Supermarket chain Seiyu Ltd. said Thursday its first-half net loss widened to 10.59 billion yen, following a 2.88 billion yen loss a year earlier, as drastic changes in store operations caused confusion among staff.
CEO Noriyuki Watanabe insisted the retailer would reverse this downtrend in the second half, citing growing sales of household items and apparel.
The chain, 43 percent owned by Wal-Mart Stores Inc., said revenue for the six-month period that ended in June fell 5.4 percent to 482.03 billion yen.
The struggling company has been trying to turn itself around under Wal-Mart, introducing various measures said to have been successful for the world’s largest retailer. So far, these have failed to lure back shoppers.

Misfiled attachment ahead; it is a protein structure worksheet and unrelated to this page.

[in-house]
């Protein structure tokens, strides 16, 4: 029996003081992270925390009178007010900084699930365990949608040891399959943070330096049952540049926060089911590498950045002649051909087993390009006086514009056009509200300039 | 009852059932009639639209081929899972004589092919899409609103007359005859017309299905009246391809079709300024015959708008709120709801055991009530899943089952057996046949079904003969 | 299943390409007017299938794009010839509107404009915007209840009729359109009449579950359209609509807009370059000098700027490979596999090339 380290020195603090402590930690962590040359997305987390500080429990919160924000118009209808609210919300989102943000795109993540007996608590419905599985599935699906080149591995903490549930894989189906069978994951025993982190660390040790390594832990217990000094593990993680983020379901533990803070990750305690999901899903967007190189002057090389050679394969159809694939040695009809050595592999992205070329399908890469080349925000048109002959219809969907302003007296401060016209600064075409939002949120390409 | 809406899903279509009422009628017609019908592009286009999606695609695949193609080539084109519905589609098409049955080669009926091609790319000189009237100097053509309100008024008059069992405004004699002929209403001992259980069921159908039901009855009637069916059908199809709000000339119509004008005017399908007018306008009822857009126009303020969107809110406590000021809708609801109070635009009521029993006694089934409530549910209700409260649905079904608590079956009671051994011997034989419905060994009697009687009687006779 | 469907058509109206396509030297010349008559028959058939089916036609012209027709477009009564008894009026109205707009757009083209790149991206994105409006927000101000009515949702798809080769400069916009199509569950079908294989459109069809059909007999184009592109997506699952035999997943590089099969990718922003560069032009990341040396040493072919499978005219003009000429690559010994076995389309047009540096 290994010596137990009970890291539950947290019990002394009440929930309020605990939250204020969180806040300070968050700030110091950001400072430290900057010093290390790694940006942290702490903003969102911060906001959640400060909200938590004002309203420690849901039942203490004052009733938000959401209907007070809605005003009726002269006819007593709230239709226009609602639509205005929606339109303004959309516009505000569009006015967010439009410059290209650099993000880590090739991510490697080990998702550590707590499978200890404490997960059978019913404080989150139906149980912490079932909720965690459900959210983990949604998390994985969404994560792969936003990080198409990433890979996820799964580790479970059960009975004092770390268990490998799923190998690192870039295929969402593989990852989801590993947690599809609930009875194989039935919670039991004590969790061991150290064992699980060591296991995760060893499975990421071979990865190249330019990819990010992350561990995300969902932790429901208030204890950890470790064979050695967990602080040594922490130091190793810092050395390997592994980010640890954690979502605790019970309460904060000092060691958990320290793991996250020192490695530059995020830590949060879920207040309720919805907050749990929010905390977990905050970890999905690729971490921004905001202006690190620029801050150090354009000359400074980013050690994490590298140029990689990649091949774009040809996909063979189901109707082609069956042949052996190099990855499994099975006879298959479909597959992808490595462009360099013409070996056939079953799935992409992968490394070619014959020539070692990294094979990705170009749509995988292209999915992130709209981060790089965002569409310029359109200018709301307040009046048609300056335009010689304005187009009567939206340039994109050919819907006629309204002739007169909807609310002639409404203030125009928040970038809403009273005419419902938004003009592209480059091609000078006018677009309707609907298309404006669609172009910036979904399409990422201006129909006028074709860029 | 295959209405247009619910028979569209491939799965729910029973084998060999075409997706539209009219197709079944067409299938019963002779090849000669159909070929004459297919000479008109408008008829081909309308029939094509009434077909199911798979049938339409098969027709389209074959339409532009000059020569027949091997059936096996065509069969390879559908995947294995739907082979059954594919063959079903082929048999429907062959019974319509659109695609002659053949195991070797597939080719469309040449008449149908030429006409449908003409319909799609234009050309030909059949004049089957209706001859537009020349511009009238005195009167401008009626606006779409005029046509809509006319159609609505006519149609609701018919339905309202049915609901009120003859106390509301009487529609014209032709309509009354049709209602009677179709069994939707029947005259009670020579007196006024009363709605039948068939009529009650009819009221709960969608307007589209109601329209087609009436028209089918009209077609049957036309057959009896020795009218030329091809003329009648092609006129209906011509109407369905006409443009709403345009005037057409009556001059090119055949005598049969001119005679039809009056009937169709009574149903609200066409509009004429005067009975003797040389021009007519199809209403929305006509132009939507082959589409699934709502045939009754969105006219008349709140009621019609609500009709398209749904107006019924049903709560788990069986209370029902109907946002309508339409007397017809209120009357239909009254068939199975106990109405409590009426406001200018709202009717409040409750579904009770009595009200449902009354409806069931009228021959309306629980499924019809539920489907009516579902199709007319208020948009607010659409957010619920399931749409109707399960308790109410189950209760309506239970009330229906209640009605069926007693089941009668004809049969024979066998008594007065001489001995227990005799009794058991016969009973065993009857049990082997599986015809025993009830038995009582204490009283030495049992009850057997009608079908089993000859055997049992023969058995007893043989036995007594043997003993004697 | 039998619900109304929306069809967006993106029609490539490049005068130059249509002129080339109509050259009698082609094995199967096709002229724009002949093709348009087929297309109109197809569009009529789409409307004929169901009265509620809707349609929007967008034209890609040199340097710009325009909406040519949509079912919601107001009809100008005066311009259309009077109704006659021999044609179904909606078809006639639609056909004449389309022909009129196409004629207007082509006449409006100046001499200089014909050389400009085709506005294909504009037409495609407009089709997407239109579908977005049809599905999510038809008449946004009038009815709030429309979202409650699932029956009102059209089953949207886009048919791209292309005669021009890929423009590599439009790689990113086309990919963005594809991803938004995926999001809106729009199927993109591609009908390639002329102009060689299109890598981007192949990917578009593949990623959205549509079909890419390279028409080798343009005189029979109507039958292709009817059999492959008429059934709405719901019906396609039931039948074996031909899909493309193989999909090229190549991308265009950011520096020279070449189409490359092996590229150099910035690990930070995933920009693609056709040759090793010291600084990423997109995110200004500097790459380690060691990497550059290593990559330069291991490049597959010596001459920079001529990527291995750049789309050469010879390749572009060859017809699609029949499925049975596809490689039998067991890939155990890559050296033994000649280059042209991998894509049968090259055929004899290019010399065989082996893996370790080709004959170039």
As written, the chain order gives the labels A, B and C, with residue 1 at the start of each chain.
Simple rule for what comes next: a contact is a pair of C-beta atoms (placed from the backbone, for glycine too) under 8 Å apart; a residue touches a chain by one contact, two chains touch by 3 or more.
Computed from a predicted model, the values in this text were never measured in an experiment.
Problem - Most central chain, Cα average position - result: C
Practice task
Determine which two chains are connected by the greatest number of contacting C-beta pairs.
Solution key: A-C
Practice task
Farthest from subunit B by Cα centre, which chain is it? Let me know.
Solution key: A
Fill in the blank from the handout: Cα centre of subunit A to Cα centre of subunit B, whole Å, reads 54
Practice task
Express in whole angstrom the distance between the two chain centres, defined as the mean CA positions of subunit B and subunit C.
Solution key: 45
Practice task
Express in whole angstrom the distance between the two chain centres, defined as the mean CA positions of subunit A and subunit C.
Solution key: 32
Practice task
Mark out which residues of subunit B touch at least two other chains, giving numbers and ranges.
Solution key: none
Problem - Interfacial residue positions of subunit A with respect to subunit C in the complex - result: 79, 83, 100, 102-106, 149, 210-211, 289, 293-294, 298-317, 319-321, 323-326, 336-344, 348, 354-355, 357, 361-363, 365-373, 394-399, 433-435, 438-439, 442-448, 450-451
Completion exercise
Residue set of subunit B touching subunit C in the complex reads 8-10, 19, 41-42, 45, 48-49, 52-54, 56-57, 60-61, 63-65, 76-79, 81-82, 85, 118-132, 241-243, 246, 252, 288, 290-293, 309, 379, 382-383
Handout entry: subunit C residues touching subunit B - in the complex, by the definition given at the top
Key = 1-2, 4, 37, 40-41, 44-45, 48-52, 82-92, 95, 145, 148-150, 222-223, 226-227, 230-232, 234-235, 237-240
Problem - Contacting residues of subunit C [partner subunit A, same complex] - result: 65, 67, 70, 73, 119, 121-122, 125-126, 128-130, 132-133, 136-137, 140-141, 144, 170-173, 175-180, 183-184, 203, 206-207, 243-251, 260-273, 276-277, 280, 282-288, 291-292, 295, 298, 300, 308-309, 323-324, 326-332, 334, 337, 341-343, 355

During the period in question, same-store sales, or turnover from stores open for more than a year, fell 4.5 percent year-on-year, dragged down by weak sales of clothing.
Explaining the weak first half, Watanabe said the change to a Wal-Mart style data system at stores had placed an extra burden on workers, who saw 1,600 of their colleagues leave in March as part of a restructuring drive.
He said the introduction of the new system had pretty much run its course, and the firm was beginning to see its benefits. He noted that stores are now better equipped to stock and display popular items in a timely manner.
The company also said it has been improving ways to fit merchandise procured through the Wal-Mart group to Japanese tastes.
For instance, the George apparel line, which was unpopular with shoppers here, has enjoyed strong sales lately, thanks to changes made in line with local preferences.
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